Later in the hearings Senator Magnuson analyzed the Act in some detail. His observations reaffirmed those of Senator Humphrey:
"The clubs exempted by section 201(e) are bona fide social, fraternal, civic, and other organizations which select their own members. No doubt attempts at subterfuge or camouflage may be made to give a place of public accommodation the appearance of a private organization, but there would seem to be no difficulty in showing a lack of bona fides in those cases." S. Rep. No. 110, 88th Cong. 2nd Sess. 7407 (1964).
Further legislative history evidencing the Congressional concern with disingenuous or sham clubs is set forth in United States v. Clarksdale, King & Anderson Co., N.D.Miss.1965, 288 F.Supp. 792. We find the following observations in that opinion by Judge Clayton particularly instructive:
"From the legislative history, it is clear that the only clubs which meet the `factual' test of the statute are those whose `membership is genuinely selective on some reasonable basis.' Specifically precluded from this exemption are `sham establishments' which `are in fact open to the white public and not to Negroes;' Cong. Record Vol. 110, Part 10, 88th Cong. 2nd Sess., 6/13/64; p. 13,097.
"This statute was designed to prevent the circumvention of the Civil Rights Act of 1964 by just such organizations as the Regency Club. As the facts show, the only stated qualifications for membership in the Regency Club are an application blank, $2.00, and white skin, for the officers who passed on membership could define these qualifications no more exactly than that. The Regency Club * * * is a `sham club' open to the white public and not to Negroes. This device is not novel. * * * To hold otherwise would frustrate the statute by exalting artifice over reality and form over substance. * * *" 10 Race Rel.L. Rep. at 1765.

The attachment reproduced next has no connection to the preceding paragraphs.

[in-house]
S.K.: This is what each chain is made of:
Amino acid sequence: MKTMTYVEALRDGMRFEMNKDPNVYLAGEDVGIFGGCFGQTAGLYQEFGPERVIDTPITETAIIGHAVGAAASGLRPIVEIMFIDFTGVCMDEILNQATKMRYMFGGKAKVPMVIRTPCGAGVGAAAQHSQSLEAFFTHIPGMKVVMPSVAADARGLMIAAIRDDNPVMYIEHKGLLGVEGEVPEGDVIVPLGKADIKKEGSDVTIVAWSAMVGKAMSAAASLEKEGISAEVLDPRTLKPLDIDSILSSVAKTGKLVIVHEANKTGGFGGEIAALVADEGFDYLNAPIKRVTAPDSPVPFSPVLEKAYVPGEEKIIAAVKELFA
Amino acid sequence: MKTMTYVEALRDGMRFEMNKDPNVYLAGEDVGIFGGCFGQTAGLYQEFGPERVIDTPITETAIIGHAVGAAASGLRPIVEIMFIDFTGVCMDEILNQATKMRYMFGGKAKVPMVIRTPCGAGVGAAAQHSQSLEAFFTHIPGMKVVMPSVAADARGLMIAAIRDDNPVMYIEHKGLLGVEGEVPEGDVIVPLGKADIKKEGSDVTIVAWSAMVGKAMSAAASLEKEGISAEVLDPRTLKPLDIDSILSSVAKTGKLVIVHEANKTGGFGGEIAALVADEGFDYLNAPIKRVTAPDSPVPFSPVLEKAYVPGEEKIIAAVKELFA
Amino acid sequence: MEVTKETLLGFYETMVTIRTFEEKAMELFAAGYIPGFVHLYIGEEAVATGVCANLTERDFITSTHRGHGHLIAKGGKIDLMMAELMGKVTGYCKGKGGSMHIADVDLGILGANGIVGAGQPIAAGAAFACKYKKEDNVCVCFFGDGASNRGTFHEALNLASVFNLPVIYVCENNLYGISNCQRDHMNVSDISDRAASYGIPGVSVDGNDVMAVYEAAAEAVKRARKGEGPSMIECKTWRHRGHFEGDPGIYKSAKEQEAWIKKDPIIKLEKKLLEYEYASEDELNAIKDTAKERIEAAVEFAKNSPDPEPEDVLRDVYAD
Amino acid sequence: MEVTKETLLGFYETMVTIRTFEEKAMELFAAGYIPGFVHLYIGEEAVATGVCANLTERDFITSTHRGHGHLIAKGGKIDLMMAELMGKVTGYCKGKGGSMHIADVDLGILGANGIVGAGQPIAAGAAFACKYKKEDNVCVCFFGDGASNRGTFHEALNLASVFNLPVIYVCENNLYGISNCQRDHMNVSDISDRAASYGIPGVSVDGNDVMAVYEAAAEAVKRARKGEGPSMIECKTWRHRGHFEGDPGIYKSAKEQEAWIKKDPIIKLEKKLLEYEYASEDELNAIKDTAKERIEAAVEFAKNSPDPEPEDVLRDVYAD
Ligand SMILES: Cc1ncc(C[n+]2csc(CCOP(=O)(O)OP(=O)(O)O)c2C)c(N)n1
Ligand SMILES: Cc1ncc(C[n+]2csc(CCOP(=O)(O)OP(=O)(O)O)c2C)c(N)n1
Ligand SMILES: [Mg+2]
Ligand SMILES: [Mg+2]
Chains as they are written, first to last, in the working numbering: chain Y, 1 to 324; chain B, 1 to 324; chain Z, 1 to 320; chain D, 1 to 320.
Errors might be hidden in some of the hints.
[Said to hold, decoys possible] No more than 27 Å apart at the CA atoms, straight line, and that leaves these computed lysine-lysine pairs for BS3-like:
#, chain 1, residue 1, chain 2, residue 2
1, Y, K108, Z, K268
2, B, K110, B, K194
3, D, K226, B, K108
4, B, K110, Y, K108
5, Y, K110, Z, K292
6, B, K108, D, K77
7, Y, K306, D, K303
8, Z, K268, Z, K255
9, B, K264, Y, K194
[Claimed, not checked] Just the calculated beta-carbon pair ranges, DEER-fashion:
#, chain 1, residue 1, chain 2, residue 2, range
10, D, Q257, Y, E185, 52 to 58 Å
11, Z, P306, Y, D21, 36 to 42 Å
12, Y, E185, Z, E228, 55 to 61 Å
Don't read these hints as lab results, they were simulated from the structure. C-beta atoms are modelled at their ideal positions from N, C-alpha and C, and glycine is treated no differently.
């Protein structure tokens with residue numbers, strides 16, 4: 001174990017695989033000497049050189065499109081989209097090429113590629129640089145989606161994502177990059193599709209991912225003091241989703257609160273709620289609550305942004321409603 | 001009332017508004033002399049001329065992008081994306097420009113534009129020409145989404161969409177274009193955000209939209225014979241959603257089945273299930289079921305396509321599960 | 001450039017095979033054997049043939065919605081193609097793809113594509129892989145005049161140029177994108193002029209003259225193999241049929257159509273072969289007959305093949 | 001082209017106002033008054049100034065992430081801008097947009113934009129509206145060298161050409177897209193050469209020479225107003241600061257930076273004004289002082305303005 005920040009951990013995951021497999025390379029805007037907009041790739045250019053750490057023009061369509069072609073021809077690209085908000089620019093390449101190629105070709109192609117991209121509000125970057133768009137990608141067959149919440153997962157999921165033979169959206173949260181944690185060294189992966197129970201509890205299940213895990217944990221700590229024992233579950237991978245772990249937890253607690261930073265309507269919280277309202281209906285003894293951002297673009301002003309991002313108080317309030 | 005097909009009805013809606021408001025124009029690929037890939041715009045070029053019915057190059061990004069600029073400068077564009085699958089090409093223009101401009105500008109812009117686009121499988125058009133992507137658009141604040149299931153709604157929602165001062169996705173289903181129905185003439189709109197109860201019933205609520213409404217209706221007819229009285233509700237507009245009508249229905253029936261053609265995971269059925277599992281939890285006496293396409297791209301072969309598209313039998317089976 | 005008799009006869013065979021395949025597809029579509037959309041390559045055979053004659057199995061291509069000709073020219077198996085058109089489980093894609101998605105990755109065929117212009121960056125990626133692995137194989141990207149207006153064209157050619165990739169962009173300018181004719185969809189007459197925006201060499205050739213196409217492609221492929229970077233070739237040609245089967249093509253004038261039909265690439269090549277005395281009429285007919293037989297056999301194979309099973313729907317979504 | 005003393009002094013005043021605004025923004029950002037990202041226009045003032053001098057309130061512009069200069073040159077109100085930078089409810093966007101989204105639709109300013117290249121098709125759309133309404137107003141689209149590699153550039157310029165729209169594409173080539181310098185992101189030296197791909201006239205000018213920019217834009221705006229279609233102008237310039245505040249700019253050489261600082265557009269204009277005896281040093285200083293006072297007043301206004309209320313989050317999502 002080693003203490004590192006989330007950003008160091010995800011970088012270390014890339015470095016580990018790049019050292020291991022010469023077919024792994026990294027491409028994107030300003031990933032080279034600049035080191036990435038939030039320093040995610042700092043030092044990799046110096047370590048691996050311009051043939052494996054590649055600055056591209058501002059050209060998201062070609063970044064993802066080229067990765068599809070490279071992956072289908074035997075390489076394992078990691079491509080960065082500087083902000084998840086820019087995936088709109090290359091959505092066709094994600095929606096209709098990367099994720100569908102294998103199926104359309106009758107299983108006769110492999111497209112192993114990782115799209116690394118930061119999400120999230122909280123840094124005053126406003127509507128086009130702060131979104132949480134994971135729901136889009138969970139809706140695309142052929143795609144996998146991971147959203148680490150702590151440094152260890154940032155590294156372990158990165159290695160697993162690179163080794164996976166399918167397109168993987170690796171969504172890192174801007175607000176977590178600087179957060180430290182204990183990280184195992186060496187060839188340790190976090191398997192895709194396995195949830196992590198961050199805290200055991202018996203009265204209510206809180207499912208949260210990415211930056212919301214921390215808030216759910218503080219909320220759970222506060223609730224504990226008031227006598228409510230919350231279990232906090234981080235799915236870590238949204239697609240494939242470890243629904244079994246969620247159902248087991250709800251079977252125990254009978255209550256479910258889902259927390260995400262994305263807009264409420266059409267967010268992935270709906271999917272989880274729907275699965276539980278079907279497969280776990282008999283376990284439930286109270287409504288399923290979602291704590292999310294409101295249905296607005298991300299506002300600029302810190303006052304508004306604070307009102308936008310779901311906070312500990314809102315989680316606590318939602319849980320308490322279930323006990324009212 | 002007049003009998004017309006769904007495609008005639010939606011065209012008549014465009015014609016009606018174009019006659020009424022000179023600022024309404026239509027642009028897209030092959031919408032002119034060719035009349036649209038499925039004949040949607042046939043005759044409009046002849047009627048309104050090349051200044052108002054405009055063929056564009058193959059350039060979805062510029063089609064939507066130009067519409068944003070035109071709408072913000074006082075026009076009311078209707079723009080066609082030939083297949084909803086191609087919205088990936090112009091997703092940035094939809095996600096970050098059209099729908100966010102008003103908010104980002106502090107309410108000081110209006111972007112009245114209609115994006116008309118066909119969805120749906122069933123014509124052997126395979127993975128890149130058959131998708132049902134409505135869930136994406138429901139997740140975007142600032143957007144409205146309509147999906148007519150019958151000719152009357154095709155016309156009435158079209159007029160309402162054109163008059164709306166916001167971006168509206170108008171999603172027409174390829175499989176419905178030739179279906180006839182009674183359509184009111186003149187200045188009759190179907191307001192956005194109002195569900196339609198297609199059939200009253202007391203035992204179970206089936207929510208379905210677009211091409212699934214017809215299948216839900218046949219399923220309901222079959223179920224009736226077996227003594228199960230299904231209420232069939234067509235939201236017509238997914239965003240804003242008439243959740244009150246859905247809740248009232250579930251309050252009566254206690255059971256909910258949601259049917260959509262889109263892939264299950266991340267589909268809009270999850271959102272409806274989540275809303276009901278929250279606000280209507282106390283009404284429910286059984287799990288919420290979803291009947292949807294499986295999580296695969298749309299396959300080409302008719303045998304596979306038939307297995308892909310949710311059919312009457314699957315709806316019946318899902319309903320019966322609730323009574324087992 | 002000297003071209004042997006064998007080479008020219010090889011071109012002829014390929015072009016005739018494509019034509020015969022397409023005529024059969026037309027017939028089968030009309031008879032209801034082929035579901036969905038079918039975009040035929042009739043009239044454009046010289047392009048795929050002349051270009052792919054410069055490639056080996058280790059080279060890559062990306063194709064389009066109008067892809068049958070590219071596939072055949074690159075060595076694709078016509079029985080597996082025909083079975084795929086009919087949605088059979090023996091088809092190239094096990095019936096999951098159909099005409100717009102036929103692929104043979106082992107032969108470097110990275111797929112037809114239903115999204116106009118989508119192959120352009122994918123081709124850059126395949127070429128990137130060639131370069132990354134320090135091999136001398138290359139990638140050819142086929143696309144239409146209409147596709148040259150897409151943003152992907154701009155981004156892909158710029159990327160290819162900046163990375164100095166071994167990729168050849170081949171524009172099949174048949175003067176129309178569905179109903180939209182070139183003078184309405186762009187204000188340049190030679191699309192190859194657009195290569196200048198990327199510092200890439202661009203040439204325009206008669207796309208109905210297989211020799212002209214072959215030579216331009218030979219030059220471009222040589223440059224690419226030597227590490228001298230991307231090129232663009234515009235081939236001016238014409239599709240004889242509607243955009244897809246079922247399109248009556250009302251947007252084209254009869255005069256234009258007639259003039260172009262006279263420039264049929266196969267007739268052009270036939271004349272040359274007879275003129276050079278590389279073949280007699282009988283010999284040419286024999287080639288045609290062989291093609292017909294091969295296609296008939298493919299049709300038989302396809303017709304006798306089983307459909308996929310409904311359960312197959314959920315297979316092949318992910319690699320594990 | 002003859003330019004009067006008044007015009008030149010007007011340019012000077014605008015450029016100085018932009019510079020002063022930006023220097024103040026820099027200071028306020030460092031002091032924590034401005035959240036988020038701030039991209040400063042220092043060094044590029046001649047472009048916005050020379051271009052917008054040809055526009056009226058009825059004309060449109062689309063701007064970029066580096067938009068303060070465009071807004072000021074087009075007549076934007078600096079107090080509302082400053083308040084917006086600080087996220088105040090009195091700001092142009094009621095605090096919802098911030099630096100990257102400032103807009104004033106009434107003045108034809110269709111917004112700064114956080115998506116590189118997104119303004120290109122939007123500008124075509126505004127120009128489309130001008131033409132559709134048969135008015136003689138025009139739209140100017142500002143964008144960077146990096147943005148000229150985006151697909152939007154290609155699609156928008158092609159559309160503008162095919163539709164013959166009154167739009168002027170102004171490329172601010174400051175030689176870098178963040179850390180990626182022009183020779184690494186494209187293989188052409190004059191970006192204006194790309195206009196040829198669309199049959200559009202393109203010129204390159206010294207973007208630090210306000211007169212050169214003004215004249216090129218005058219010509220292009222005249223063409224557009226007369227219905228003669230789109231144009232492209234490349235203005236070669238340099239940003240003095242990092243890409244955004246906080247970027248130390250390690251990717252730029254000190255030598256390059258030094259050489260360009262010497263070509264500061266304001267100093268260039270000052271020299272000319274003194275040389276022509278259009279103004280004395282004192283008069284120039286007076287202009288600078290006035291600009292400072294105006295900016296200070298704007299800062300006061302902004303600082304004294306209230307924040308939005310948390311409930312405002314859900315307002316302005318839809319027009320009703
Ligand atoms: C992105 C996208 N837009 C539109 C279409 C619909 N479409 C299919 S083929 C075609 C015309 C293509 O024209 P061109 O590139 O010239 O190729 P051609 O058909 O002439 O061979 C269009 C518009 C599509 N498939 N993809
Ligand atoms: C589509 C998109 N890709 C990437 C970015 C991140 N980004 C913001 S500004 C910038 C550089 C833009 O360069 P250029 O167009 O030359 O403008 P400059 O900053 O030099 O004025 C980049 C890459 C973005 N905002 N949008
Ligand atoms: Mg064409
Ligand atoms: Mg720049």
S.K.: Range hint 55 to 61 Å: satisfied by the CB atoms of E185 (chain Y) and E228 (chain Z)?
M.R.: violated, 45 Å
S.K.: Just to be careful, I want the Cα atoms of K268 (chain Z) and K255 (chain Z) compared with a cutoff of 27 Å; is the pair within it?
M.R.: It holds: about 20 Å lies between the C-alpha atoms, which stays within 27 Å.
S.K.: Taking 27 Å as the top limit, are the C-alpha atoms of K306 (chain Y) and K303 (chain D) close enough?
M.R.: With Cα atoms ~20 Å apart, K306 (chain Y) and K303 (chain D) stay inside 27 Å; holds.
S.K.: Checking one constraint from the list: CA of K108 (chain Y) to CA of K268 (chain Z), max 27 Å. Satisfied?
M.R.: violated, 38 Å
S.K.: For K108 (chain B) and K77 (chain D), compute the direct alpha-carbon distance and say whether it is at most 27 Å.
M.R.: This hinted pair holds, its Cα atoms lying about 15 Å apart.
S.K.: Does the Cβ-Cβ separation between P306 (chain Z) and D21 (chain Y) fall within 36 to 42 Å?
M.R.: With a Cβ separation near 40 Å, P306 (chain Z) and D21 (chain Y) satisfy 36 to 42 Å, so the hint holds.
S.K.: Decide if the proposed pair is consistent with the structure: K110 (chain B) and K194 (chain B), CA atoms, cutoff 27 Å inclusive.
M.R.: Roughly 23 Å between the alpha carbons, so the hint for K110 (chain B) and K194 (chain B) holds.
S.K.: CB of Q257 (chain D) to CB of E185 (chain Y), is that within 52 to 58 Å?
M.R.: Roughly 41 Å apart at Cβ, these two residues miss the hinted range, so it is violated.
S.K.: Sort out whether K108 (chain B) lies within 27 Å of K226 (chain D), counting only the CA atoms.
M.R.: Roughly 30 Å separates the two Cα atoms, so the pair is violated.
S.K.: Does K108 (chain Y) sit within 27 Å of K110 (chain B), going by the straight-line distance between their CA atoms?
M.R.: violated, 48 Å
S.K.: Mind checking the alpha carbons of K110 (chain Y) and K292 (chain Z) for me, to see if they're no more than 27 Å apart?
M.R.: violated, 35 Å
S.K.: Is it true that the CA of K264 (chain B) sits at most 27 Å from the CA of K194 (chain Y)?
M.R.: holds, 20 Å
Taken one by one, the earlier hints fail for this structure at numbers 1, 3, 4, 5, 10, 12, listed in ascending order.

United States v. Clarksdale, supra, is entirely apposite to the case before us. The membership of the Dixie Diner Club exercised perhaps even less control over the selection of its members than did the membership of the Regency Club. In both, race was the only ground for exclusion. A nominal admittance fee was their mutual hallmark. What differences can be found to exist between them only emphasize the greater need for action against Richberg's Cafe and its recent offspring, the Dixie Diner Club.